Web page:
Communication as it exists now, as it is offered and normalized in media, is the level of only offering the meaning of the words. But never everything that comes with the meaning and that forms the context of the words and also determine which meaning would come out as being dominant.… Anybody who works in translation knows how easily one can betray the meaning of the sentence just because of the lack of intonation that one does not hear. The lack of context—and I’m not saying the context of meaning but rather the context of how one says it.
We’ve got to realize we’re not even reading Sebald’s book [The Rings of Saturn]. We’re reading a book by Michael Hulse, who’s the translator. It was [Sebald’s] strategy that he doesn’t write directly into English; he writes in German, and then it’s translated. And he could perfectly well translate it himself, but he chooses not to. So you’ve got another version which is already filtered, and it’s not that different—I don’t think—from the reports that The Midsummer Murders—a sort of generic TV series set in a perfect English Village. By the time it’s translated into French, where it’s popular, it takes on a sort of existential gloss. It becomes something else. It’s much moodier and weirder.
Ever since then I have been inordinately fascinated by the sheer mechanism of languages, as I automatically shift in my mind among three possibilities. While speaking English, I hear and often articulate the Arabic or French equivalent, and while speaking Arabic I reach out for French and English analogues, strapping them onto my words like luggage on an overhead rack, there but somehow inert and encumbering. Only now that I’m over sixty can I feel more comfortable, not translating but speaking or writing directly in those languages, almost but never quite with the fluency of a native. Only now can I overcome my alienation from Arabic caused by education and exile and take pleasure in it.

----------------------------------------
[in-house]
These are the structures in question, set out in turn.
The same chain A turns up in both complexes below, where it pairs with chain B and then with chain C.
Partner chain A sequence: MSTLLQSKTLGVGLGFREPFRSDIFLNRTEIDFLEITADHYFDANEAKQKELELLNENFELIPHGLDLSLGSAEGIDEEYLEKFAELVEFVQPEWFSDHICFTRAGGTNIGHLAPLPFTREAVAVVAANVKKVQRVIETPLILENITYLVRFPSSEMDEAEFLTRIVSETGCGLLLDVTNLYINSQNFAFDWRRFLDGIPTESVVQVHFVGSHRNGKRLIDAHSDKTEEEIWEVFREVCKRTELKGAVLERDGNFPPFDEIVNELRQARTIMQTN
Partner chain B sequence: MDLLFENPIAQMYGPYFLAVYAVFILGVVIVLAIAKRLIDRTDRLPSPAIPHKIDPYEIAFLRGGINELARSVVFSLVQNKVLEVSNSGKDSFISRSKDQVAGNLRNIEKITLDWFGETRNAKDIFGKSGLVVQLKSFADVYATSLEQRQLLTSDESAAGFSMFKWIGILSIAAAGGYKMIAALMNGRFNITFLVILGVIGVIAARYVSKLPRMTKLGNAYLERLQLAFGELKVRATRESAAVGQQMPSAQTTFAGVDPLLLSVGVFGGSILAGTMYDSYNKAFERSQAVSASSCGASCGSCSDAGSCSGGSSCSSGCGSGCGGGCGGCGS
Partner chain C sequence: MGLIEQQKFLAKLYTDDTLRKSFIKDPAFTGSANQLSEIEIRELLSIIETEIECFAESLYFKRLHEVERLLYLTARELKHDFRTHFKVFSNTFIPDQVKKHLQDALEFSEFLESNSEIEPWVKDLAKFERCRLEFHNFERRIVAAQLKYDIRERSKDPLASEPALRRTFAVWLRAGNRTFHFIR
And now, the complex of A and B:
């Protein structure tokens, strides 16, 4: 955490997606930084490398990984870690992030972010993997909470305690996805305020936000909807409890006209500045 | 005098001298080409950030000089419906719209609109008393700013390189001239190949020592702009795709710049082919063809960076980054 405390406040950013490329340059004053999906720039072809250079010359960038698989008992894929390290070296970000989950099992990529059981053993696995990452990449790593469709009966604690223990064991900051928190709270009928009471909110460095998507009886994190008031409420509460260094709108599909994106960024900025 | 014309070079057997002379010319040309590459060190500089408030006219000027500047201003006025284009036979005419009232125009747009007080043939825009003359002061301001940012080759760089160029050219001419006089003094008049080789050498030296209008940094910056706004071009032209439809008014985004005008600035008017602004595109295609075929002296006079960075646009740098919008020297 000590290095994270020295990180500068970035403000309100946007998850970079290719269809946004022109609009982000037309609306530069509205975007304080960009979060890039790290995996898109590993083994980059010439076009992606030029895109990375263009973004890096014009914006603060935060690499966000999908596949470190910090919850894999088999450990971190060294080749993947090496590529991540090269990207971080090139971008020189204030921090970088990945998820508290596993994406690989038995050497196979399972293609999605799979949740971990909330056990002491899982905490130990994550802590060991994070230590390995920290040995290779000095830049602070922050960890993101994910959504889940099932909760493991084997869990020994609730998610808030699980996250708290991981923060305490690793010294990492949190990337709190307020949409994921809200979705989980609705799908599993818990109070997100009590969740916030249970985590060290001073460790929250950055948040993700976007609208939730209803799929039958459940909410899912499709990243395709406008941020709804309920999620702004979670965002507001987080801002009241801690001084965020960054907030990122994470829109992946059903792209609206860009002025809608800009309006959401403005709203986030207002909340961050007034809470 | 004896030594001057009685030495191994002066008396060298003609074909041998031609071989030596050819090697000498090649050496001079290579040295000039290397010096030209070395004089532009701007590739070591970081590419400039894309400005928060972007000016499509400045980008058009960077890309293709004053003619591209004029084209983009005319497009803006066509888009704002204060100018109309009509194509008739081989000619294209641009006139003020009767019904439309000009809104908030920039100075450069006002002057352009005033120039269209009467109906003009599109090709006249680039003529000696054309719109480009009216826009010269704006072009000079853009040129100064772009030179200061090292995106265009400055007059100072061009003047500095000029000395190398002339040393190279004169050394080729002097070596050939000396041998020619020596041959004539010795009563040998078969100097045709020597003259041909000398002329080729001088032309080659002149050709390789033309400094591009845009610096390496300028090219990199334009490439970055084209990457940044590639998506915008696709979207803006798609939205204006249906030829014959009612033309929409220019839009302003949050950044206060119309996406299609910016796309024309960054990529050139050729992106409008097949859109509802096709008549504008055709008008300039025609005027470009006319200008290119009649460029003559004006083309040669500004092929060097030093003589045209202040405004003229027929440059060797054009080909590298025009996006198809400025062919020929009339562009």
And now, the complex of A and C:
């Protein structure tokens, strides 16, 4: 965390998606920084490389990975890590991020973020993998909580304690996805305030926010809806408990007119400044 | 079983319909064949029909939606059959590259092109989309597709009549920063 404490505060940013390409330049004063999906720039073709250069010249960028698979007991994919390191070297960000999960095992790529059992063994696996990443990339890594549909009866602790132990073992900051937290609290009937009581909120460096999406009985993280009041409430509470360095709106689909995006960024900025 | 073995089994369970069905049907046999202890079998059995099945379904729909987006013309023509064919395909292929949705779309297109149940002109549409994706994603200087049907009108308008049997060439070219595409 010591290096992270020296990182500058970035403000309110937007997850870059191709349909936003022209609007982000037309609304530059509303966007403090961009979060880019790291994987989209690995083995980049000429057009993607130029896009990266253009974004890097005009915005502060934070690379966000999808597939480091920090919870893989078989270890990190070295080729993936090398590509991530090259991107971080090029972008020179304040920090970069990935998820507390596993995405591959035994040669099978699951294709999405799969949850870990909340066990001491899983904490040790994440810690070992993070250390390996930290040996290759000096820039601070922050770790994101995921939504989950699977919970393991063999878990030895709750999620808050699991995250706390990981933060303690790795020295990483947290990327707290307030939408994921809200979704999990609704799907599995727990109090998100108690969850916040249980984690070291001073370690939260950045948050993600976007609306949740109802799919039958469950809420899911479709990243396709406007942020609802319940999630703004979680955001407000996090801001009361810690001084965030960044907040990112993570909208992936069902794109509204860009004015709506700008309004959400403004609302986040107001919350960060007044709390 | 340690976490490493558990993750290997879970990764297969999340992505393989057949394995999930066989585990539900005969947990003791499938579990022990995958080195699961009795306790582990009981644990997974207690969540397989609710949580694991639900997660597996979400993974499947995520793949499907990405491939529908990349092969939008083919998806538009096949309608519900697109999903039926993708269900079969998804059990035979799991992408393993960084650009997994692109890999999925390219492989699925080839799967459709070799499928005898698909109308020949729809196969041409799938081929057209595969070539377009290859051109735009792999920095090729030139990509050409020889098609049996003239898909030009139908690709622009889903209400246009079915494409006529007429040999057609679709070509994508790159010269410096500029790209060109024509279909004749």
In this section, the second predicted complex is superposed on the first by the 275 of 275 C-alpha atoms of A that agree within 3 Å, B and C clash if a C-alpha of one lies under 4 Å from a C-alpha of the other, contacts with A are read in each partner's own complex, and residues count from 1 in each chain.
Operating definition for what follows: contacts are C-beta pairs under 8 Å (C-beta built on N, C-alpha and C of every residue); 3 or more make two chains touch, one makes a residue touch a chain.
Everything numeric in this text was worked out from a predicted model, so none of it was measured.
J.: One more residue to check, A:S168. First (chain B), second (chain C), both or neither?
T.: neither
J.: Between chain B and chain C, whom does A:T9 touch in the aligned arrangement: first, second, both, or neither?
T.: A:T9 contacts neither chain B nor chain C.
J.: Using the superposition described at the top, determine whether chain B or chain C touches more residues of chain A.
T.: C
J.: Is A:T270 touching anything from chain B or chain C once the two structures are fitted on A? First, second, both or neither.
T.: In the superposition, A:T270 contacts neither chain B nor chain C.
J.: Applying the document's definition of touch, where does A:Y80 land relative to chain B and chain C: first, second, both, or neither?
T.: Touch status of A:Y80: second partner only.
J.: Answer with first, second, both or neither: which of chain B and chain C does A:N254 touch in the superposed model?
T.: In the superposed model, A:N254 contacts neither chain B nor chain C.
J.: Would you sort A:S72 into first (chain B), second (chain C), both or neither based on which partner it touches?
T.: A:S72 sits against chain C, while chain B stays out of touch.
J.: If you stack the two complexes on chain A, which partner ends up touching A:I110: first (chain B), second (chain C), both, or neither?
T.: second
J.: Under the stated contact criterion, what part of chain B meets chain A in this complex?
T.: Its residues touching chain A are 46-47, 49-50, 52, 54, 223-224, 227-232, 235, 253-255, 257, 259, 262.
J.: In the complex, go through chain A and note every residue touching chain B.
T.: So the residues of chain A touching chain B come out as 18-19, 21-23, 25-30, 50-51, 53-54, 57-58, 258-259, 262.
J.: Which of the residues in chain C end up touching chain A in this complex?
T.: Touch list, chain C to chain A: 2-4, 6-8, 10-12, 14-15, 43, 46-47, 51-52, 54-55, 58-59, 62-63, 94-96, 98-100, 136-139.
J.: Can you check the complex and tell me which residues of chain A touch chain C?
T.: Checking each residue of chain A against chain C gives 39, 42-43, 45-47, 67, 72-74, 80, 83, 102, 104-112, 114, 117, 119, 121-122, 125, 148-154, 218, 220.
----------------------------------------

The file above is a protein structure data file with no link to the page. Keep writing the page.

More interesting for me as author was the sense I had of trying always to translate experiences that I had not only in a remote environment but also in a different language. Everyone lives life in a given language; everyone’s experiences therefore are had, absorbed, and recalled in that language. The basic split in my life was the one between Arabic, my native language, and English, the language of my education and subsequent expression as a scholar and teacher, and so trying to produce a narrative of one in the language of the other—to say nothing of the numerous ways in which the languages were mixed up for me and crossed over from one realm to the other—has been a complicated task. Thus it has been difficult to explain in English the actual verbal distinctions (as well as the rich associations) that Arabic uses to differentiate between, for example, maternal and paternal uncles; but since such nuances played a definite role in my early life I had to try to render them here.